A woman is about to give birth. She’s 10 kilometres from a hospital with only a bicycle to get there.
How about working hours on end out in the field, having to wash clothes by hand and carry water in a bucket for kilometres on top of your head?
It’s the reality for many pregnant women in Uganda.
Hamilton obstetrician, McMaster associate professor and gynecologist Jean Chamberlain Froese has made it her life's work to help provide adequate health care for mothers in East Africa.
Since 2005, she has spent eight months of every year there, running a program she birthed called Save the Mothers, a two- year work-study program that educates local community leaders on motherhood safety. Roughly 200 East African professionals have graduated from the program.
Froese’s tireless work has earned her the Prix d’Excellence, a Royal College of Physicians and Surgeons of Canada award that recognizes doctors who go beyond the call of duty.
“I’m thankful this award will bring the limelight to the situation for mothers in the developing world,” she explained. “As Canadians we want to do what we can to support these women. We’re part of a global community.”
The award ceremony takes place on Sunday.
“In Canada, we have the same population as Uganda, about 35 million,” she said. “Across our whole country, about 10 to 15 mothers die from pregnancy complications per year, and usually when they die its in an intensive care unit in a large hospital. In Uganda, it’s 6,000 women who die per year. They don't even reach a health facility. They die in their homes or on the way to a health facility. In some hospitals there's no blood available.”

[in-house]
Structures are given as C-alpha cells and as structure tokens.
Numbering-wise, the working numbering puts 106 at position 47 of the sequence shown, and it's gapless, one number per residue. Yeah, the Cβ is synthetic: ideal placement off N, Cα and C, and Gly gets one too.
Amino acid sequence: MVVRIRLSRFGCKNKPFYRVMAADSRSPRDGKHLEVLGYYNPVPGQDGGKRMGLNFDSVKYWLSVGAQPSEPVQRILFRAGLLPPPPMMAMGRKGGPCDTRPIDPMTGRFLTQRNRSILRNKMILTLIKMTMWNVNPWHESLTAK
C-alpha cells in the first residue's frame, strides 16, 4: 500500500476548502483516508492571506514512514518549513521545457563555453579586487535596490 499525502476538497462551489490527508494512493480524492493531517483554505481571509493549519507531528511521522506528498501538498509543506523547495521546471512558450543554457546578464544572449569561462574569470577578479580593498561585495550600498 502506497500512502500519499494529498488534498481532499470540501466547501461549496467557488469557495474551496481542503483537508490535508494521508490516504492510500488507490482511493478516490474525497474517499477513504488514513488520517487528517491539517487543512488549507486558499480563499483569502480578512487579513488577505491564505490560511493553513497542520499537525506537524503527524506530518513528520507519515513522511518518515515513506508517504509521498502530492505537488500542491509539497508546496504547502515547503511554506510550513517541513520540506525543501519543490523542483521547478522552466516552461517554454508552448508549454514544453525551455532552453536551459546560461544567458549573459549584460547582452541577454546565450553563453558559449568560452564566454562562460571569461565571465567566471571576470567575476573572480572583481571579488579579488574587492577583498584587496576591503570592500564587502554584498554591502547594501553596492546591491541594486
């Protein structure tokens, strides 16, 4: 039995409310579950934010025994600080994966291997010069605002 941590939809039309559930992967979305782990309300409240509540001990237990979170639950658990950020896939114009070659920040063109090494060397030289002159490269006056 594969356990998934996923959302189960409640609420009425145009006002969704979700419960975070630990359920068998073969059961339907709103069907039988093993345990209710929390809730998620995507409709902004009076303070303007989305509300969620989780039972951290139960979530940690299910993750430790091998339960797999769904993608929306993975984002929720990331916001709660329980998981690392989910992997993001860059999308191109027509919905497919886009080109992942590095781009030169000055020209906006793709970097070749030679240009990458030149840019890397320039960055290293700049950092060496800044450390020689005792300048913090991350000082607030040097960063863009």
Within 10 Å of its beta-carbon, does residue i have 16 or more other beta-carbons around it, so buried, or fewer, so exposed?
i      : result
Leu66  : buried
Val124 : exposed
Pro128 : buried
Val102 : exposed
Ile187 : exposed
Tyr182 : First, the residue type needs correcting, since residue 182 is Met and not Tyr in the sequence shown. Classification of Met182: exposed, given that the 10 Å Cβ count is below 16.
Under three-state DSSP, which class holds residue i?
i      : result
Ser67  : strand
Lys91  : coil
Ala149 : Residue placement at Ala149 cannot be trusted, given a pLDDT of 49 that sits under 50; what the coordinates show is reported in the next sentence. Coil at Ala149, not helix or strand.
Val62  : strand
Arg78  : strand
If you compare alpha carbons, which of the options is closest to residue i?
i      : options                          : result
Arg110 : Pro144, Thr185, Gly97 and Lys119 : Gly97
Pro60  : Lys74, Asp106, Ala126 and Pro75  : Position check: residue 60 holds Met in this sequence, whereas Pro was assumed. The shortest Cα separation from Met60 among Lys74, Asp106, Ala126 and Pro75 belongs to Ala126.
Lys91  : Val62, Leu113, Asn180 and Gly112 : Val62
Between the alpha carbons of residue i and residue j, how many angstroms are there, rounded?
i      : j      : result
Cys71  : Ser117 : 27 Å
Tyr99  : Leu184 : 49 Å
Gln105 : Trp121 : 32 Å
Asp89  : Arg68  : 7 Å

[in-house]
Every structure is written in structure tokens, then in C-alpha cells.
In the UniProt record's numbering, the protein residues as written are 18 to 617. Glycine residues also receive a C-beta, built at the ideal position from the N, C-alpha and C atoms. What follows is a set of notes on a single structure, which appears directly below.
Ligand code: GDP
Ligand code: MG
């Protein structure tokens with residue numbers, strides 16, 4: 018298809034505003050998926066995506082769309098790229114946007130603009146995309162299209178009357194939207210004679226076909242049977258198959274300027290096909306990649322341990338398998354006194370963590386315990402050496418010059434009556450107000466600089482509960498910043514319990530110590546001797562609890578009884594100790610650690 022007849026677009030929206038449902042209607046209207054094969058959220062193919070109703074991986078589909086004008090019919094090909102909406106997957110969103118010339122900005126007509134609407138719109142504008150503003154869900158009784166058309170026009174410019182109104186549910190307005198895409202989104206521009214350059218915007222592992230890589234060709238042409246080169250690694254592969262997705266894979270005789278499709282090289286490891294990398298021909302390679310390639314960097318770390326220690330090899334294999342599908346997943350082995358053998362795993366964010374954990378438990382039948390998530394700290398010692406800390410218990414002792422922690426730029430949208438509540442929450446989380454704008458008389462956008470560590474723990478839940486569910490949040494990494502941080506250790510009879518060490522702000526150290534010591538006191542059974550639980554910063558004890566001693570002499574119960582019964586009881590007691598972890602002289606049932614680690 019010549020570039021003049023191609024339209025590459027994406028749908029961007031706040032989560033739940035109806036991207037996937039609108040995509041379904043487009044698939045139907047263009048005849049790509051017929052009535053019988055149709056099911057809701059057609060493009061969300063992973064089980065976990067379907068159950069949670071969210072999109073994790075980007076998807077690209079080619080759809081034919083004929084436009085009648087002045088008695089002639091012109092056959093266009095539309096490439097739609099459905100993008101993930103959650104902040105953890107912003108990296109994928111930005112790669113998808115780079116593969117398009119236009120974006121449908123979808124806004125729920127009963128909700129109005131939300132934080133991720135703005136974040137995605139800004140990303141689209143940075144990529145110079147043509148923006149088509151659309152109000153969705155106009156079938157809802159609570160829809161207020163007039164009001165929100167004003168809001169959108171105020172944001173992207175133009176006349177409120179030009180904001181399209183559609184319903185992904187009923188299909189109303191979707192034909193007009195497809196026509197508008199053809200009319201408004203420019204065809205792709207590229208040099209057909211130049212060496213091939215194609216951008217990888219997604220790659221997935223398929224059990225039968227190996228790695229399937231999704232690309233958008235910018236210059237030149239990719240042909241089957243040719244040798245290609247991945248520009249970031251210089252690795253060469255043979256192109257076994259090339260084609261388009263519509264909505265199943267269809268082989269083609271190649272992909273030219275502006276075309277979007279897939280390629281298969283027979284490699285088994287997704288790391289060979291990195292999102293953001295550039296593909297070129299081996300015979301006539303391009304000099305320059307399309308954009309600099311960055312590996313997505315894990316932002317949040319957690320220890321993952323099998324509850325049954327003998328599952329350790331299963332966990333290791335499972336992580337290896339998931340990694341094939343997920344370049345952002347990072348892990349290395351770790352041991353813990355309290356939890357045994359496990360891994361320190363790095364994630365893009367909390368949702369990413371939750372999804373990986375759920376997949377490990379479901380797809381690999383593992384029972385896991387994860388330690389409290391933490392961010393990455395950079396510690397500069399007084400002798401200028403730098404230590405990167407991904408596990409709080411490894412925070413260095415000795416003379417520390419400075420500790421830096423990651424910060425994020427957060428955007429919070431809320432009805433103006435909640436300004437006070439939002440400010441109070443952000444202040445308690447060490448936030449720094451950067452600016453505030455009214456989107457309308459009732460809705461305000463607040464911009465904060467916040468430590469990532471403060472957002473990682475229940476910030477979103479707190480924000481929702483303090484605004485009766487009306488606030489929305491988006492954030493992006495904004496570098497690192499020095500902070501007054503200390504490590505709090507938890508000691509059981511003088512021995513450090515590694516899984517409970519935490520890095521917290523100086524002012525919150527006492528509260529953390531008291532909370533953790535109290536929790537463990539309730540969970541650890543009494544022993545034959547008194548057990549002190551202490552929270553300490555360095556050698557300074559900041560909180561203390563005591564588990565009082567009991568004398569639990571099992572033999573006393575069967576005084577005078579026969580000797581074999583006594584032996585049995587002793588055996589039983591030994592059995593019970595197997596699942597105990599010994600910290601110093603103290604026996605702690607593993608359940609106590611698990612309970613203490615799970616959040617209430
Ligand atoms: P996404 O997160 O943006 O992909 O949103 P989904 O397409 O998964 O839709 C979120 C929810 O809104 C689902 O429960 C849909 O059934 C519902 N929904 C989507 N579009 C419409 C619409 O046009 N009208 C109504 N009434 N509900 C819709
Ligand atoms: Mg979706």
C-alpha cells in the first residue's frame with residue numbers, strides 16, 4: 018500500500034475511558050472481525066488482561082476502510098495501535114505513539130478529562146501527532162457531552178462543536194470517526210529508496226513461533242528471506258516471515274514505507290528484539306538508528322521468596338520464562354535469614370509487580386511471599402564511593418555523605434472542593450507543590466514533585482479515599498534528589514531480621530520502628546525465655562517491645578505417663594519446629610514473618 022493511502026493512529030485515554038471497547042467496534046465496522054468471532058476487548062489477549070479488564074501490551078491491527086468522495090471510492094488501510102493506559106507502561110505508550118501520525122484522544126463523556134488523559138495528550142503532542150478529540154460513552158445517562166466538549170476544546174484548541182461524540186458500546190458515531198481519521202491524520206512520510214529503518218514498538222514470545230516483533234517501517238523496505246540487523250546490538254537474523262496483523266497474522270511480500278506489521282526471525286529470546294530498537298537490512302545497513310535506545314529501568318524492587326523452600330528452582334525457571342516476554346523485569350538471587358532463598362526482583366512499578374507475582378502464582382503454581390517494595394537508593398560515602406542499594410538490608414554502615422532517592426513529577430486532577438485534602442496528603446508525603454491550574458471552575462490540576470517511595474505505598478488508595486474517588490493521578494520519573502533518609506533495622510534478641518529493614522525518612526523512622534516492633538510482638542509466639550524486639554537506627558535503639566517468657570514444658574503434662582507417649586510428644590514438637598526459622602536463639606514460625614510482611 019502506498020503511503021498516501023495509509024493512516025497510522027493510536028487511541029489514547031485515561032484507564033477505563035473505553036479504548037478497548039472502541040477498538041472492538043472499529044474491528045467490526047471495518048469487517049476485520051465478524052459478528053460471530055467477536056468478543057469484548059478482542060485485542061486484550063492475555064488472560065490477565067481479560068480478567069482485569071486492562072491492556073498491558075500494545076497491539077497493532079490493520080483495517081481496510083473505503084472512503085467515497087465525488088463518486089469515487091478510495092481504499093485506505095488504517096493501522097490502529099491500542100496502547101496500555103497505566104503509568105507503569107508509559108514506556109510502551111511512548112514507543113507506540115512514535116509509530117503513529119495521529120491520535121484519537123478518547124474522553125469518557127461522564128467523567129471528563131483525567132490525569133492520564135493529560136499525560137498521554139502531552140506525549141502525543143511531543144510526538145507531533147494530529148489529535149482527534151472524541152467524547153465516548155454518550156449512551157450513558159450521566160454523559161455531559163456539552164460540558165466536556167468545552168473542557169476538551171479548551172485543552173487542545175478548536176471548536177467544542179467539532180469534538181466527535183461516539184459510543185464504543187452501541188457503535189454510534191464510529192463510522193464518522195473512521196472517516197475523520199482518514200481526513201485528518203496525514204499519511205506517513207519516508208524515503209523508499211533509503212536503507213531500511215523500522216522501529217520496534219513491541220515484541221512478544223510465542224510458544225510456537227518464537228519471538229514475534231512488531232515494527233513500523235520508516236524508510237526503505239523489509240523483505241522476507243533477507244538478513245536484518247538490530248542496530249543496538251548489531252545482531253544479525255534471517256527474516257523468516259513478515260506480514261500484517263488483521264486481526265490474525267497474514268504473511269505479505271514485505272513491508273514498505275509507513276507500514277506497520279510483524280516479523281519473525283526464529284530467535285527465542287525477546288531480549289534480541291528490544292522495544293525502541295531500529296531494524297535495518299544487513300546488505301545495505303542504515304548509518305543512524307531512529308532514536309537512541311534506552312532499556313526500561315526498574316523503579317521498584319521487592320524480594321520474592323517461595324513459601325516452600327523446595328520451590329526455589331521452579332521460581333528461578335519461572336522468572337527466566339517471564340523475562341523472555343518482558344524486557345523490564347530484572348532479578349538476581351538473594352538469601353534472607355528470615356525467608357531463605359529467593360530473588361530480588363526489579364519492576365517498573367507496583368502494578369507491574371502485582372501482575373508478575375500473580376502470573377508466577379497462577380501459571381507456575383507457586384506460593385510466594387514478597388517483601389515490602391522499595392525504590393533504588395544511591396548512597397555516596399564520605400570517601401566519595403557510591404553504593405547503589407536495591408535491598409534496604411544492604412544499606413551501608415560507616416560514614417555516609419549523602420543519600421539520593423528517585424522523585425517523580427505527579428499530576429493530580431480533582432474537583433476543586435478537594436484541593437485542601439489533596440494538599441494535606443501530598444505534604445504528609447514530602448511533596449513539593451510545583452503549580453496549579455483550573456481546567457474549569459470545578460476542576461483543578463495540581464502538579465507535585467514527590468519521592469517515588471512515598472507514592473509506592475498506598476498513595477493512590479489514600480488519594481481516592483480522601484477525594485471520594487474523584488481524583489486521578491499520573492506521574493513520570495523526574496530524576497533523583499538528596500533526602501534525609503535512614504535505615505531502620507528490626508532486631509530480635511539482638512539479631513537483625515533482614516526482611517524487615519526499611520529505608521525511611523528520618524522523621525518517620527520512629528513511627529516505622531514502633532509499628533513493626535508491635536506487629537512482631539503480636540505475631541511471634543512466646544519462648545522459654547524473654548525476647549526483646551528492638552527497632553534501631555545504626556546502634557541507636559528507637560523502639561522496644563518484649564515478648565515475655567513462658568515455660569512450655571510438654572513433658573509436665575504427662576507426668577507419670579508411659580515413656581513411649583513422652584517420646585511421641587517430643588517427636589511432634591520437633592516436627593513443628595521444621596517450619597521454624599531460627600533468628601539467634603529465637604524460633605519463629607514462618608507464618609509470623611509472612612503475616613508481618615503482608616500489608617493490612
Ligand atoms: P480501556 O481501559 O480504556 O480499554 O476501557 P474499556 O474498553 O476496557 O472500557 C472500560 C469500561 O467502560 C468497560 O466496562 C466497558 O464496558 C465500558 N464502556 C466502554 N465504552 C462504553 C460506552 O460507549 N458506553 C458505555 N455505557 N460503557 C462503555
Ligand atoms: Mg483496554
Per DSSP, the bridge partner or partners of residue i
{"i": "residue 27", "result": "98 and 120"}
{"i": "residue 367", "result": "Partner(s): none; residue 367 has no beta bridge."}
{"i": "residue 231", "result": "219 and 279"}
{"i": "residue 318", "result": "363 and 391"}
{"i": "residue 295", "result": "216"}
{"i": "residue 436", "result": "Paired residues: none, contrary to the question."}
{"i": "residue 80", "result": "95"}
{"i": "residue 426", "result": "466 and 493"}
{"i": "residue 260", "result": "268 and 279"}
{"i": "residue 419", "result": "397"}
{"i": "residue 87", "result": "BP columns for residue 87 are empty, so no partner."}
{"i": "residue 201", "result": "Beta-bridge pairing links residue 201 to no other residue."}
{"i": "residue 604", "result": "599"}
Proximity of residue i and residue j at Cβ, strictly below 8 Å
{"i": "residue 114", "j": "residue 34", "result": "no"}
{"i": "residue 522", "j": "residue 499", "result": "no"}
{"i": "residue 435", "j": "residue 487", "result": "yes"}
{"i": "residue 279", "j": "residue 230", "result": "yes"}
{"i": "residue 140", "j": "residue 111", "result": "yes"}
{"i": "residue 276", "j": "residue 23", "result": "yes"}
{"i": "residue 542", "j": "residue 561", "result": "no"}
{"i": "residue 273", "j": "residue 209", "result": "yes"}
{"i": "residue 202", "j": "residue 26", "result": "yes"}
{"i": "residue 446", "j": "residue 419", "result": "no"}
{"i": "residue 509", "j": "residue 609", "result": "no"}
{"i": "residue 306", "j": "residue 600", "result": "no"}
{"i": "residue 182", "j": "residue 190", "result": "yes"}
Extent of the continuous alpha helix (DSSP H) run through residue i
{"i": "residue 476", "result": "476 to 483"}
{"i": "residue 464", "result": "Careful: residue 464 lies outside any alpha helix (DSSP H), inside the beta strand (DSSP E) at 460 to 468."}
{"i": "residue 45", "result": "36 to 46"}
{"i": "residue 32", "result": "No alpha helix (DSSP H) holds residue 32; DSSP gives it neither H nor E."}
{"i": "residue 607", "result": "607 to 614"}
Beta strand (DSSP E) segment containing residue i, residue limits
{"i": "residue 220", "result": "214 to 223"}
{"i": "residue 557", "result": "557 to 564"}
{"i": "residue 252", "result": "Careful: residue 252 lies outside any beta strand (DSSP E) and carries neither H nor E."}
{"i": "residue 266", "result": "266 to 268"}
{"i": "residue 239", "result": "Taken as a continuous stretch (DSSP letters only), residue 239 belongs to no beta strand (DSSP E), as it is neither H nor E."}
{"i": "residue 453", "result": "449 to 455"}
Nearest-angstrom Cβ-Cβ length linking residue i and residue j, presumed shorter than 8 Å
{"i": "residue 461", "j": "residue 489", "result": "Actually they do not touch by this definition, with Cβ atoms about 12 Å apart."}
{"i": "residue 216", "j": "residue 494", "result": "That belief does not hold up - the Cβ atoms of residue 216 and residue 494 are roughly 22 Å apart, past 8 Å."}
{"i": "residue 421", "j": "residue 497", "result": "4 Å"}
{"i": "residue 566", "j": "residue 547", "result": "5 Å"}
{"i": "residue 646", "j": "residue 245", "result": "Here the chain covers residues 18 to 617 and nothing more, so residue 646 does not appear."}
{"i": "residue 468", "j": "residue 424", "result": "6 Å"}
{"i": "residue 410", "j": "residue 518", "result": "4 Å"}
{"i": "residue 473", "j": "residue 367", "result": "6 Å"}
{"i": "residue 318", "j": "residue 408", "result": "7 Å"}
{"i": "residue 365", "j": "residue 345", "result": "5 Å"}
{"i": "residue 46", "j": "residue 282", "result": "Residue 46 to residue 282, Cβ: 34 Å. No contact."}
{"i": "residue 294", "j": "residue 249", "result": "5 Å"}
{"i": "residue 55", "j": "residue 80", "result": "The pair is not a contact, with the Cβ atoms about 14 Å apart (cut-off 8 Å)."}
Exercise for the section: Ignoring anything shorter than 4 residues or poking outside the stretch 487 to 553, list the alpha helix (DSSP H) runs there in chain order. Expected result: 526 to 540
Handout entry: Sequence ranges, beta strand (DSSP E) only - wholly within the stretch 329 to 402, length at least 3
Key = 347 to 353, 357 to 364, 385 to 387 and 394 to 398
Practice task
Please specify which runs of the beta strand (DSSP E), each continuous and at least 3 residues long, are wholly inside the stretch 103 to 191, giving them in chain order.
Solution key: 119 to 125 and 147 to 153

Save the Mothers is an educational program but also serves as a vehicle to raise awareness on the issue of women’s roles in society. Froese says there's a direct correlation between how females are viewed and the kind of health care they receive.
“Mothers can be saved and are worth saving,” added Froese. “That may sound like a simple statement but women are seen as property, dispensable. Your wife dies, you can get another wife. How do we change the way people think?”
Froese says each graduate has touched thousands of lives in Uganda.
In 2005, Froese and her husband Thomas wanted to expand their Hamilton family, and adopted three-year-old Hannah in Uganda.
“She was an abandoned baby. Every day she reminds me on a personal level why I’m doing what I’m doing. I’m reminded what the impact is of a child without a mother,” she said.